Representatives of 7,000 companies are calling for compatibility and interoperability around the world on Sustainability reporting standards.
They say this will tackle greenwashing, allow proper accountability, and help achieve the Paris Climate Agreement targets.
The coalition wants European legislation to make clear reference to the International Sustainability Standards Board (ISSB) to support a global baseline for capital markets.
They also want it to reference the Global Reporting Initiative (GRI) to maintain consistency with double materiality. Double materiality means companies report on sustainability matters that financially affect the business’s own value and external matters that affect the market, the environment, and people.
In March this year, a Memorandum of Understanding sought to reassure companies that reporting against both ISSB and GRI standards would be compatible.
“We urge a common definition on impact materiality”
But the latest draft of the European Commission’s Corporate Sustainability Reporting Directive (CSRD) has a contradictory definition of impact materiality.
The letter says, “Companies are no longer confident that reporting against IFRS Sustainability Disclosure Standards and GRI will be sufficient to meet the standards required by CSRD.
“We urge a common definition on impact materiality.”
The letter also says , “We call on the US Securities and Exchange Commission to allow comparable reporting standards…
“To ensure global comparability, cost efficiency and greatest impact, we call on the SEC to ensure its final rules are closely aligned with, and comparable to, the ISSB standard.”
“We need a new global baseline reporting standard on sustainability disclosures”
The letter adds, “We urge the ISSB and the members of the working group, which includes the Chinese Ministry of Finance, the European Commission, the European Financial Reporting Advisory Group, the Japanese Financial Services Authority, the Sustainability Standards Board of Japan Preparation Committee, the United Kingdom Financial Conduct Authority and the US Securities and Exchange Commission, to find constructive ways of making sure that the ISSB’s standards are established as the common global baseline for companies to report against to meet the information needs of investors and capital markets…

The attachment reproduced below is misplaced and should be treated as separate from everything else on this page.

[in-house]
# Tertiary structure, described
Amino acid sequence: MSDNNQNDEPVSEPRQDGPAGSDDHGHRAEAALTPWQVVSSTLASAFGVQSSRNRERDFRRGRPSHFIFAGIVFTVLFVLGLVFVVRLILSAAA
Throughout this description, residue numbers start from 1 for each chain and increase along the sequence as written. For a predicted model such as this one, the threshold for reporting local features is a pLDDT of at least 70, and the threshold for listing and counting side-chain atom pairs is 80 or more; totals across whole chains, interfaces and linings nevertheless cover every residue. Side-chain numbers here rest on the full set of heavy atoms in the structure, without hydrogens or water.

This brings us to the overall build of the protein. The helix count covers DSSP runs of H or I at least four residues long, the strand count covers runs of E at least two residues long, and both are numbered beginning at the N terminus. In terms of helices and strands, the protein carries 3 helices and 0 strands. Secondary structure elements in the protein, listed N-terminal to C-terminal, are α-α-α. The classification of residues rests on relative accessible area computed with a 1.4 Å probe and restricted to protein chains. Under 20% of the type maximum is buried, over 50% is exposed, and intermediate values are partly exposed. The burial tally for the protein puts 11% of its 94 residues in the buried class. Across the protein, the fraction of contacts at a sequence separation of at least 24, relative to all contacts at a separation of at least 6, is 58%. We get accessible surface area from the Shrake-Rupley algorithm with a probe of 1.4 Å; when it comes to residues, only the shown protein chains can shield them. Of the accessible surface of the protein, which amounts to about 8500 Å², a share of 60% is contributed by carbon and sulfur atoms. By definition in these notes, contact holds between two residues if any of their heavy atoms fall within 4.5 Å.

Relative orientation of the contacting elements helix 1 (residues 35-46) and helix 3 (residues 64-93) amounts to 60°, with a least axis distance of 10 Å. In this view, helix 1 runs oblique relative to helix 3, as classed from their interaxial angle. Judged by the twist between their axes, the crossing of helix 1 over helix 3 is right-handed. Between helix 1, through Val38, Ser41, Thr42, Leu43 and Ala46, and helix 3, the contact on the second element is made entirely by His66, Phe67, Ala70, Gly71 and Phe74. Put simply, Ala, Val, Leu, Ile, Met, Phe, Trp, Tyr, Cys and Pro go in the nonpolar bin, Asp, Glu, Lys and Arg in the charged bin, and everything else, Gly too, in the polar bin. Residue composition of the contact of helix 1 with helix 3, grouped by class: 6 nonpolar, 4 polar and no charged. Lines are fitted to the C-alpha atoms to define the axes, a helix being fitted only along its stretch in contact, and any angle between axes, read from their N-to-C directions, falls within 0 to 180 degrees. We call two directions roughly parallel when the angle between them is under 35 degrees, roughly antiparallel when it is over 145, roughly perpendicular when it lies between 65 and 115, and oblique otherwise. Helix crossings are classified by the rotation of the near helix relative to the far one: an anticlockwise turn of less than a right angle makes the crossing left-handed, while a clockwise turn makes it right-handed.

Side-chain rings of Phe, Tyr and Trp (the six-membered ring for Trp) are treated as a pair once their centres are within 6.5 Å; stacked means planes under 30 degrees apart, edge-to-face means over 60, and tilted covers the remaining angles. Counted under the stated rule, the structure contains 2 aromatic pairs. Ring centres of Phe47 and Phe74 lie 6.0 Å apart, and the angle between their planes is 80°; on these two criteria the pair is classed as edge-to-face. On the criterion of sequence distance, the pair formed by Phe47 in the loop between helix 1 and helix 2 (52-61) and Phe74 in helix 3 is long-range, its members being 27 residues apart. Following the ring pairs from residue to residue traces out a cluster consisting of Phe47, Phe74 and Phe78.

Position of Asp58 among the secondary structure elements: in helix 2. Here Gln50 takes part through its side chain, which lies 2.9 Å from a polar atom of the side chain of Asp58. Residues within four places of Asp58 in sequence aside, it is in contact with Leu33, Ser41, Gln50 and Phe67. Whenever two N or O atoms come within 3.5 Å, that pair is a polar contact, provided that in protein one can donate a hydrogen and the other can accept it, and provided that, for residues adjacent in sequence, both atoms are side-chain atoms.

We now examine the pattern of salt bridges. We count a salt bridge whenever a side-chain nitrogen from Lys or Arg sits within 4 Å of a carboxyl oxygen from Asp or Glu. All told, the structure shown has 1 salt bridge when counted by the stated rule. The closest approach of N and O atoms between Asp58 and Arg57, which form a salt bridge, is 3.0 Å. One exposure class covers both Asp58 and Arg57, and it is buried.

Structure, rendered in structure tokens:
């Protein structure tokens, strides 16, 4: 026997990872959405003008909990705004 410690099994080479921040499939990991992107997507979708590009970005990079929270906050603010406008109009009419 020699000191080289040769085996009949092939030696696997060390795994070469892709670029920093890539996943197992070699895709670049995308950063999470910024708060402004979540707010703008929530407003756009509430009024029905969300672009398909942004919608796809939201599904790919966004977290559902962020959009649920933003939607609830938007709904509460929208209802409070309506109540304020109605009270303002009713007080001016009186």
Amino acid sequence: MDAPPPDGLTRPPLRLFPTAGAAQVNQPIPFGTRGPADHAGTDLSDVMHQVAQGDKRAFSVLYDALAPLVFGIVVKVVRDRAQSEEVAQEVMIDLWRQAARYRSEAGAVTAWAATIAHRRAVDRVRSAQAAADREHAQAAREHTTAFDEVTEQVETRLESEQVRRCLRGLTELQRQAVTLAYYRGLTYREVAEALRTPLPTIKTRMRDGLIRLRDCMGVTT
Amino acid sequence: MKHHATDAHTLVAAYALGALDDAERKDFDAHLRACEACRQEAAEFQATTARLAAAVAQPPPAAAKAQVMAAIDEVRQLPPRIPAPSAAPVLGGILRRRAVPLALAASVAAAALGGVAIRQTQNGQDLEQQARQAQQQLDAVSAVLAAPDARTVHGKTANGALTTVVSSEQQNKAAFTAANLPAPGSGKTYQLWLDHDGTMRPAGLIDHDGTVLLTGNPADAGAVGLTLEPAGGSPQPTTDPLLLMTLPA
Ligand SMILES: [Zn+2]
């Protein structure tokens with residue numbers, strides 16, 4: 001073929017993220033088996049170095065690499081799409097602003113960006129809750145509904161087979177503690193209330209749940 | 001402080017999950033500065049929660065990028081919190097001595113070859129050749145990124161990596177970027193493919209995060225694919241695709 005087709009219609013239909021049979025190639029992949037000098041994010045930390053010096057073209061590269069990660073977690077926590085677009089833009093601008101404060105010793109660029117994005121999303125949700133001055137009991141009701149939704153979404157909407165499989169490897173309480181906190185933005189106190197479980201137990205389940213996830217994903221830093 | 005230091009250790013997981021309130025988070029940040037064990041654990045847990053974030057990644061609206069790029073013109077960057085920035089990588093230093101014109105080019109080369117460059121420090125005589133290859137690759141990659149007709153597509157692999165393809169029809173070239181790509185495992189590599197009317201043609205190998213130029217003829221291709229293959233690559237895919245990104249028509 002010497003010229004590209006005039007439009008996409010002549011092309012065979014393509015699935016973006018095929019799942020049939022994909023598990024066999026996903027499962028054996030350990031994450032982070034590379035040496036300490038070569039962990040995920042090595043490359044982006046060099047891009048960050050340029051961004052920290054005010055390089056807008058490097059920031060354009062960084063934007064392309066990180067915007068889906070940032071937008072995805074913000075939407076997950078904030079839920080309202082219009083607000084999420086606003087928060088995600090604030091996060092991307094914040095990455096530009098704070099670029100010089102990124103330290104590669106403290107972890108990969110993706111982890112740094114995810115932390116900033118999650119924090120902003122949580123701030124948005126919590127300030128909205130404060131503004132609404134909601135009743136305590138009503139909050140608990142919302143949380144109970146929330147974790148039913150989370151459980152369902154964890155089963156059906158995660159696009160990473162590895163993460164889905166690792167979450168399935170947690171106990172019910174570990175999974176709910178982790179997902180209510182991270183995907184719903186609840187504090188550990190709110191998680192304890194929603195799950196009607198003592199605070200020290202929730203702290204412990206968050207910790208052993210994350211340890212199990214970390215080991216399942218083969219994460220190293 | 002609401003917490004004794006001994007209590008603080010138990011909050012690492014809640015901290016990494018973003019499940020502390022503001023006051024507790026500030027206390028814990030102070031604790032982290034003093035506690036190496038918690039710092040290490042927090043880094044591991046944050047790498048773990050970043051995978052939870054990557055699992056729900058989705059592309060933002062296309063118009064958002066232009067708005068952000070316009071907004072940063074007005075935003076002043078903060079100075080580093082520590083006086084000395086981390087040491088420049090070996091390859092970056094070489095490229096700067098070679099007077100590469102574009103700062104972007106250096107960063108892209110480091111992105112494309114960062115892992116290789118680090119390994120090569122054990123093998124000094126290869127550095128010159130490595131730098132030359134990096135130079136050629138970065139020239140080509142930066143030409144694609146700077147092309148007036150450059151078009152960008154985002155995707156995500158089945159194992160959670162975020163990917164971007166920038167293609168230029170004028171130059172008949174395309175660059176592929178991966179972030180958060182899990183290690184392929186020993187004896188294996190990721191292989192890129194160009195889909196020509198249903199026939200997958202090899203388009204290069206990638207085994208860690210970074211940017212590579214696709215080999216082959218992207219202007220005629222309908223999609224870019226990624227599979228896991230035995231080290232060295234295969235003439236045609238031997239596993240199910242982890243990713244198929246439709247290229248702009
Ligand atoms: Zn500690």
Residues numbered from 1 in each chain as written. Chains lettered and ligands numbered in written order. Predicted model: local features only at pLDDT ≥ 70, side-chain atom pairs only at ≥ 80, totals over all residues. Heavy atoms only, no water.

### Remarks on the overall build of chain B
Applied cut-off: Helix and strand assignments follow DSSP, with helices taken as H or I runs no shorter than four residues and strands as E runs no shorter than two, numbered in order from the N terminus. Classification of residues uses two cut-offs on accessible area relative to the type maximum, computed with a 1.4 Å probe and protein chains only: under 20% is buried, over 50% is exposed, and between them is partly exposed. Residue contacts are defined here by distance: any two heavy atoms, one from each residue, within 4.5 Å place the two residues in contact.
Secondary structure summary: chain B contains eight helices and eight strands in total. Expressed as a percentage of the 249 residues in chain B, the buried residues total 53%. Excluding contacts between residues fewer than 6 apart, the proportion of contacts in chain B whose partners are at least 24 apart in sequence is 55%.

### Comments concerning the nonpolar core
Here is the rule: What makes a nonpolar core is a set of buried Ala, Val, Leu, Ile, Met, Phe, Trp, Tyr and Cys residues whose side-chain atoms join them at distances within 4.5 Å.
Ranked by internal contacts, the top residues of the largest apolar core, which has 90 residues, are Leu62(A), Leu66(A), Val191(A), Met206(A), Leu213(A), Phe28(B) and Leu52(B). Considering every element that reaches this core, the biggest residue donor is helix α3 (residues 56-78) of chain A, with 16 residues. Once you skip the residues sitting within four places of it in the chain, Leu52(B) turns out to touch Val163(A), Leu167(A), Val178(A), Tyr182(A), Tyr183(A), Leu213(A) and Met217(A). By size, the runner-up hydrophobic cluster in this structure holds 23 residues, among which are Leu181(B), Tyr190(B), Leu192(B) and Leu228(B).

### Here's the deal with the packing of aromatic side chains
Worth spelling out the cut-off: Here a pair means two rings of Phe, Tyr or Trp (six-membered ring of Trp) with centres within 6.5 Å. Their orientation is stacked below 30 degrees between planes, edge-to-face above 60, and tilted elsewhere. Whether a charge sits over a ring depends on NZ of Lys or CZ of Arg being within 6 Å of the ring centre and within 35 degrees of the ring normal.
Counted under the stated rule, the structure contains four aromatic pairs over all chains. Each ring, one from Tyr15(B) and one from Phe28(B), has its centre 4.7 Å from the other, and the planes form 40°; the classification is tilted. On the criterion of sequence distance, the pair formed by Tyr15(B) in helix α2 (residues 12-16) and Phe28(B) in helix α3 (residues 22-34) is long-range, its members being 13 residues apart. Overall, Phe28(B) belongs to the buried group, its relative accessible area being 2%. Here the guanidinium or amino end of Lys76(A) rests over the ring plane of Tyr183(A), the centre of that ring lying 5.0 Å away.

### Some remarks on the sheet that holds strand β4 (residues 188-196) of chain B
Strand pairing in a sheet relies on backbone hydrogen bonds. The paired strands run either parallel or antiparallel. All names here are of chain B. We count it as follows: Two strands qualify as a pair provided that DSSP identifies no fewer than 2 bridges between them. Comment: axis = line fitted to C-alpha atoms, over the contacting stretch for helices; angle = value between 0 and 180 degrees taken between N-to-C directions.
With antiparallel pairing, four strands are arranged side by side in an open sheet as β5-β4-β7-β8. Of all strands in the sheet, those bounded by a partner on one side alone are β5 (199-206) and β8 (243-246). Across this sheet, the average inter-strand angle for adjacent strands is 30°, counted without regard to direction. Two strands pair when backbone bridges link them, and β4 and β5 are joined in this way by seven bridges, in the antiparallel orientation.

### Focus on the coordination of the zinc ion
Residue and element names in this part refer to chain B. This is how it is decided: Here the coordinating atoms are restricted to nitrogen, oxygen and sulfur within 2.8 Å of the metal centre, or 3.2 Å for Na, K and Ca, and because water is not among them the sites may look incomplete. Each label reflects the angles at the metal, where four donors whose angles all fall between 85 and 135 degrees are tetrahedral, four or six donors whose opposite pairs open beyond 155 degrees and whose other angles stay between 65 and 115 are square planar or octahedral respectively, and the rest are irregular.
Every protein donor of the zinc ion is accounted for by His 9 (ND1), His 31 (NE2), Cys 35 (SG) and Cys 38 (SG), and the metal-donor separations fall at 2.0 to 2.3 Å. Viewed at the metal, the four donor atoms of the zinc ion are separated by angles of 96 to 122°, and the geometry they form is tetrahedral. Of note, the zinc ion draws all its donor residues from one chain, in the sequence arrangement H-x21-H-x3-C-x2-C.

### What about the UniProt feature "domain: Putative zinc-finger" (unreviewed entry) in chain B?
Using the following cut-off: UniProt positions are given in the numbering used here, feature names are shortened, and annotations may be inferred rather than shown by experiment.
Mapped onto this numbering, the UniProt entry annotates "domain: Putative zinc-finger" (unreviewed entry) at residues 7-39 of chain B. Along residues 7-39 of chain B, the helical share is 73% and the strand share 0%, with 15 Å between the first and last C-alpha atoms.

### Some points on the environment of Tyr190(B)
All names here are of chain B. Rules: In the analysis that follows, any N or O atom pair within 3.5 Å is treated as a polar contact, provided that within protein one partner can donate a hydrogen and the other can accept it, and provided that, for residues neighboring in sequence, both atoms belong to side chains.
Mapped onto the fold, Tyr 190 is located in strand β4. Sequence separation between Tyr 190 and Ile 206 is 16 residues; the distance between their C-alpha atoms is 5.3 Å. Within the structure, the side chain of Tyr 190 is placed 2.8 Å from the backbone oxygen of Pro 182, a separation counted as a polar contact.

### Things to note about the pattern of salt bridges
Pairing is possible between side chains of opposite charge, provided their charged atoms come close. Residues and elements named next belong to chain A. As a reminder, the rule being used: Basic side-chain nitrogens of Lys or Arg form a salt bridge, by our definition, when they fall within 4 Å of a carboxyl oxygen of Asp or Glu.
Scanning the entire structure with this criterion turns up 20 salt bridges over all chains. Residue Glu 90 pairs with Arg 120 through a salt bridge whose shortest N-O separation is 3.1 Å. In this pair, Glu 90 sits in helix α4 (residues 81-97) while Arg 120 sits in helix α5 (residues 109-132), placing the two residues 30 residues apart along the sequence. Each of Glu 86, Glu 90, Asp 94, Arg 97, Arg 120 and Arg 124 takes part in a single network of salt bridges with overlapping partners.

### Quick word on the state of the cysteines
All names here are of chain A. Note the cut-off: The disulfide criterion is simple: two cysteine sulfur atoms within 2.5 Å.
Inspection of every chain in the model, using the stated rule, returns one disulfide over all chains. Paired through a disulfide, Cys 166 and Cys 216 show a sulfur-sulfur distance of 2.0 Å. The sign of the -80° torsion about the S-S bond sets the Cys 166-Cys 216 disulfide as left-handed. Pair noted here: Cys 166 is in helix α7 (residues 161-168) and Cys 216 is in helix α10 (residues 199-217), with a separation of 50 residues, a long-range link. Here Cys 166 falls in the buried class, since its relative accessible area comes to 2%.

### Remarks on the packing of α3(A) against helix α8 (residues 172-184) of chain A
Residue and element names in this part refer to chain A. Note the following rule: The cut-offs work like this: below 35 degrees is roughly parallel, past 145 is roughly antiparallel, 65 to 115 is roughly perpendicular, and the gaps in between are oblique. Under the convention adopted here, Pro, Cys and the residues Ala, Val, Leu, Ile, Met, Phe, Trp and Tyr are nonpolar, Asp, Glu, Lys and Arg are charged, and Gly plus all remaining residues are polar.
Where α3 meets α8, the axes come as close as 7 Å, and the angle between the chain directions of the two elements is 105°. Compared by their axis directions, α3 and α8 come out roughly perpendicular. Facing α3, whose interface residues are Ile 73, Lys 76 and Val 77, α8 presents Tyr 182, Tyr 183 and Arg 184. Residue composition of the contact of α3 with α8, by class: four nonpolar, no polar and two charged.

“We urge you to prioritise convergence between your respective corporate reporting initiatives on sustainability.
“To deliver on the Paris Agreement, The Glasgow Climate Pact and keep alive the chance of restraining global temperature rise to below 1.5ºC we need a new global baseline reporting standard on sustainability disclosures.”
The We Mean Business Coalition addressed the letter to the US Securities and Exchange Commission (SEC), the European Financial Reporting Advisory Group (EFRAG) and the International Financial Reporting Standards (IFRS) Foundation’s International Sustainability Standards Board (ISSB).
The coalition includes Business for Social Responsibility (BSR), Carbon Disclosure project (CDP), advocacy organisation Ceres, Corporate Leaders Group (CLG) Europe, Climate Group, The B Team, and World Business Council for Sustainable Development (WBCSD).
“2022 is perhaps the last chance to get this right”
It says, “Transparent, consistent and robust reporting is essential for businesses to demonstrate their progress in cutting emissions wherever they are based, for responsible investors to know where to direct their capital, and for society to understand how quickly progress is being made towards science-based climate goals.
“With each of your initiatives advancing simultaneously, 2022 is a unique opportunity – and perhaps the last chance to get this right.
“We therefore recognise and welcome the pioneering legislative and standard-setting efforts by the US Securities and Exchange Commission (SEC), the European Financial Reporting Advisory Group (EFRAG) and the International Financial Reporting Standards (IFRS) Foundation’s International Sustainability Standards Board (ISSB).
“In our view, greater convergence between your initiatives is both possible and vital.
“Even small misalignments around terminology, definitions, and concepts risk undermining their collective impact.”
The coalition believes that comparability leads to cost-efficient reporting and minimising greenwashing. It provides the clearest picture to investors looking for sustainable companies. And it delivers the greatest accountability for corporate climate reporting.
“By working together, we will unleash the potential of corporate climate leadership in pursuit of our shared goals of halving emissions by 2030 and securing a just, sustainable future for all,” the letter says.